The screen and support combined weigh 7kg, and that might not seem much until you try to hold a naturally unbalanced object at arm’s length with one arm while reaching behind it with the other to tighten the clamp.
Once it’s clamped, you can push the table back against a wall, although you’ll always have roughly 10mm of support arm keeping it from going entirely flush to the vertical surface – wall or otherwise.
A good choice the designers made was to include a simple to operate joystick for operating the OSD. Although given that the panel could be resting on the desk surface, using buttons wasn’t an option.
The OSD has a quick access level where you can set brightness, contrast and Eye Saver Mode, and an extended menu system where you can customise the settings more. There isn’t any colour temperature or gamma controls, an omission that fits with the general use thinking behind this design.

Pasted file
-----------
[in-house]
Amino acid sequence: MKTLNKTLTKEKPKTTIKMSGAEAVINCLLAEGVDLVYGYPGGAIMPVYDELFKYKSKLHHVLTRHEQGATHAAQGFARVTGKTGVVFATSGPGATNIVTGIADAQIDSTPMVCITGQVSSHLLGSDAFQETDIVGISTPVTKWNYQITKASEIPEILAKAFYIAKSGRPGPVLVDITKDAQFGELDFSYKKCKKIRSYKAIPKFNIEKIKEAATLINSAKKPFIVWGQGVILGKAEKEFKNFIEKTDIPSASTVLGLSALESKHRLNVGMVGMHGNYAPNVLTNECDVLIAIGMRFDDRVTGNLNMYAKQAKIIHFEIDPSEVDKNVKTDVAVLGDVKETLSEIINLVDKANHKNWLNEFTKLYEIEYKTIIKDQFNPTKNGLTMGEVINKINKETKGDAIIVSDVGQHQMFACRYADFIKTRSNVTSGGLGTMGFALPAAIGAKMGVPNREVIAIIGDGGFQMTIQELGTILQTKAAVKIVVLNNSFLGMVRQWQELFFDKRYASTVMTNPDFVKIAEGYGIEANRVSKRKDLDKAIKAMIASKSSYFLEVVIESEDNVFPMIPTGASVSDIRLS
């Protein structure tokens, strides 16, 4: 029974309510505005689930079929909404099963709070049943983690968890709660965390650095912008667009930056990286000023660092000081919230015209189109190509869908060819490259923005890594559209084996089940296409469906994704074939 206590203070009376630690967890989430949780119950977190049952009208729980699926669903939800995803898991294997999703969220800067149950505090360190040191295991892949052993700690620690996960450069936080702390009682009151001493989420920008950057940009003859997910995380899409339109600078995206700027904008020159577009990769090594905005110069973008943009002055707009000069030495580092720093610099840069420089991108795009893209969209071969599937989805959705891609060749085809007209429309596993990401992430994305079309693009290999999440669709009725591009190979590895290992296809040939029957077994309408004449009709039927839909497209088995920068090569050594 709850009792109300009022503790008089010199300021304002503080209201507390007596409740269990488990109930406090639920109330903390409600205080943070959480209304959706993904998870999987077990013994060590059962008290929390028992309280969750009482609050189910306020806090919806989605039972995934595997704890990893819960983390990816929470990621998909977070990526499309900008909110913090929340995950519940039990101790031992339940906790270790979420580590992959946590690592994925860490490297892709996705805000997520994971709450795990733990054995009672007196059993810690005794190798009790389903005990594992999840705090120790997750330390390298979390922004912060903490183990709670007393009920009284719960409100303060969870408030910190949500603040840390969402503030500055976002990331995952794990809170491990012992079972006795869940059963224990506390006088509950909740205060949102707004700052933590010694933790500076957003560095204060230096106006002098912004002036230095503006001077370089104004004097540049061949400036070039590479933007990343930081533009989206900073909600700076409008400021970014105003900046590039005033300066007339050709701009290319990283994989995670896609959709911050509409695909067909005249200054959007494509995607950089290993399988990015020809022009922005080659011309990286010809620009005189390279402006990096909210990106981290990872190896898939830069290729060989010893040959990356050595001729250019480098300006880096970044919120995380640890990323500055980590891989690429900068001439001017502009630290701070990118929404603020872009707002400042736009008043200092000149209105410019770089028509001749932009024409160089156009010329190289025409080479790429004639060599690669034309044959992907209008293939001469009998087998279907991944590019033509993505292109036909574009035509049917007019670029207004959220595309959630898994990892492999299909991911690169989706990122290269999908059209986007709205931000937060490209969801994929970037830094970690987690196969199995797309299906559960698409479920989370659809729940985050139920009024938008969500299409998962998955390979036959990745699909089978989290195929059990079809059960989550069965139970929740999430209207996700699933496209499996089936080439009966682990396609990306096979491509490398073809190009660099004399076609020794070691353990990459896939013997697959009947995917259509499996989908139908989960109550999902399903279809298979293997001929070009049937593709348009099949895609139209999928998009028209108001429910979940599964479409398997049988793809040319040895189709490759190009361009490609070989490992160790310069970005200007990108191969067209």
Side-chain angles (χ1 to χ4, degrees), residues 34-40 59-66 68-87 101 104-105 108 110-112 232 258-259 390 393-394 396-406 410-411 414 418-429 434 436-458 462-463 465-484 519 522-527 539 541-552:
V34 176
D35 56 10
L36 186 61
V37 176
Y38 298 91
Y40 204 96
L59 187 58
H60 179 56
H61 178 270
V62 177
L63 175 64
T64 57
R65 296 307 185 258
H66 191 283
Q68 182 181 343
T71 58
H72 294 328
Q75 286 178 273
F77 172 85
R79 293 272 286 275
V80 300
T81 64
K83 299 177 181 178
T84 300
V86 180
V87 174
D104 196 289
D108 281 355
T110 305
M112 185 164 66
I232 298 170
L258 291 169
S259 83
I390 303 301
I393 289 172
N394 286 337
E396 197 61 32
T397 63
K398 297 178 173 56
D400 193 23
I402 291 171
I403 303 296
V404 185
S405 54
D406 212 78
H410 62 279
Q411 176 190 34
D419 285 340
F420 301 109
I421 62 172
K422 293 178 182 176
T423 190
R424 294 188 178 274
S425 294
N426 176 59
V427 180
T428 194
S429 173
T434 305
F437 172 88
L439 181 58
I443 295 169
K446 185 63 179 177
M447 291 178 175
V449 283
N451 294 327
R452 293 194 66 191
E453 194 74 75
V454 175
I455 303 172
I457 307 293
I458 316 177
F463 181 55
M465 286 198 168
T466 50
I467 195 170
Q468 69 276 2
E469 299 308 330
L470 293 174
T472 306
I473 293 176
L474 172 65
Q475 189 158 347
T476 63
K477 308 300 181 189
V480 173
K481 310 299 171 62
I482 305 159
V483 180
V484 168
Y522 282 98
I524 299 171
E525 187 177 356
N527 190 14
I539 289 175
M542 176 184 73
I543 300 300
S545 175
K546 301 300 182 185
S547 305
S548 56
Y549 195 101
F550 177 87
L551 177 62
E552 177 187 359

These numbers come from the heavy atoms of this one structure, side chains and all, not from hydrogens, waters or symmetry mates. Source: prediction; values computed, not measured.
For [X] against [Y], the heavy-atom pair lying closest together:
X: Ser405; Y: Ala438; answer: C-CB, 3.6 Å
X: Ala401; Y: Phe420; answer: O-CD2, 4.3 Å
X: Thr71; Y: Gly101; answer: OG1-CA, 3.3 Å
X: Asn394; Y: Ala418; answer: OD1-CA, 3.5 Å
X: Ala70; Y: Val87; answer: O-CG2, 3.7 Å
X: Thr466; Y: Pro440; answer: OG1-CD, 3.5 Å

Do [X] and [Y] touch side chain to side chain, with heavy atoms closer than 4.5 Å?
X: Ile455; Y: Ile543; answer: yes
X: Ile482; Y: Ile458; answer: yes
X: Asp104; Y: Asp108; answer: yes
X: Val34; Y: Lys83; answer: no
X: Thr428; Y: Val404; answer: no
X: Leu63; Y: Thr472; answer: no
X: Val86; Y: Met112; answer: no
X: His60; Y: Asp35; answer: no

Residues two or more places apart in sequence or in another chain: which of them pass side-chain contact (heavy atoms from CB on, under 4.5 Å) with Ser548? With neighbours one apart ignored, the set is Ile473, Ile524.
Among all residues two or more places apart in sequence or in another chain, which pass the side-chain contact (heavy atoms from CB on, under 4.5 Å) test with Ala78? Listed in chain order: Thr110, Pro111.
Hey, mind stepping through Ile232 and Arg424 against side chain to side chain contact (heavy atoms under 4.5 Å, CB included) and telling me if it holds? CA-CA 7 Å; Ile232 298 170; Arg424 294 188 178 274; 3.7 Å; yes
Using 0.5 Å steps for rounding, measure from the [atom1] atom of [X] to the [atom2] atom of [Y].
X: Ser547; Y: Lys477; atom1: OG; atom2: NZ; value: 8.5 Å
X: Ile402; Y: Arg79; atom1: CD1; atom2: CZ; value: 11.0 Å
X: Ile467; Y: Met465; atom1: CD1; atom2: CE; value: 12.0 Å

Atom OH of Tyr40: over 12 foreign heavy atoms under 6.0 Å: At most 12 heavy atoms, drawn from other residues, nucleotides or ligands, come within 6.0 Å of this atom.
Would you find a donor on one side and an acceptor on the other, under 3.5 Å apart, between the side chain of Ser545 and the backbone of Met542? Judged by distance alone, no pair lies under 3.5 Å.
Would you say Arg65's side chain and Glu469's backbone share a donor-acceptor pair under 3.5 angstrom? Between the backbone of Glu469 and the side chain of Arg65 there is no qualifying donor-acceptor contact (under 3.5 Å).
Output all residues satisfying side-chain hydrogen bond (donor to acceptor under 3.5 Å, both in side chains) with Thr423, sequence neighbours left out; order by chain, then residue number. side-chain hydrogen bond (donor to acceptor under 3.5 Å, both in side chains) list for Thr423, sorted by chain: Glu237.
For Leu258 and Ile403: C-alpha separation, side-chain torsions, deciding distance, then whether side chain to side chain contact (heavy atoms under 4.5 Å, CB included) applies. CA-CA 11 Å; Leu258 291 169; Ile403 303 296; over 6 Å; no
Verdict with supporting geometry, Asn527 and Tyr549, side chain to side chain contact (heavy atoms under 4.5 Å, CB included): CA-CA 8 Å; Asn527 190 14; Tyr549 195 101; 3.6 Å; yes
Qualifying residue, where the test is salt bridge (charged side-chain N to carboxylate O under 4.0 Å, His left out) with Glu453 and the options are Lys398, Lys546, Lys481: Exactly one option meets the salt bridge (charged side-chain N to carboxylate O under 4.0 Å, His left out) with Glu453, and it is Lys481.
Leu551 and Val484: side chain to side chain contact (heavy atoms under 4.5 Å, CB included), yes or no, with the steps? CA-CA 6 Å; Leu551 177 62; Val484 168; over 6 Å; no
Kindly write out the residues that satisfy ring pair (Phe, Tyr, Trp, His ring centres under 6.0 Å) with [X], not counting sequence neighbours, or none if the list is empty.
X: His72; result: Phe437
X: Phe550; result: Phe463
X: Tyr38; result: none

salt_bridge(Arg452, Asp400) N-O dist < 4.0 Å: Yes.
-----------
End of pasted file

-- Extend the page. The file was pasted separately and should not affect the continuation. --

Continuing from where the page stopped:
Specs & Features
We’ve talked plenty about the support arm so far, but the Space Monitor sports a high-quality panel that can’t be ignored. Note that we’ve tested the 32in model here which has slightly different specs to the smaller 27in option.
This monitor uses a VA technology panel that has a decent colour gamut, excellent viewing angles and reasonable response times.
Natural resolution is 3840×2160 with a 16:9 aspect ratio, and as the product number suggests it is 32in corner to corner. The quoted brightness 250cd/m2 and a static contrast ratio of 2,500:1.
This all adds up to a specification that doesn’t make the S32R750 ideally suited to graphics professionals or gamers, putting it firmly in the useful-for-most-things category.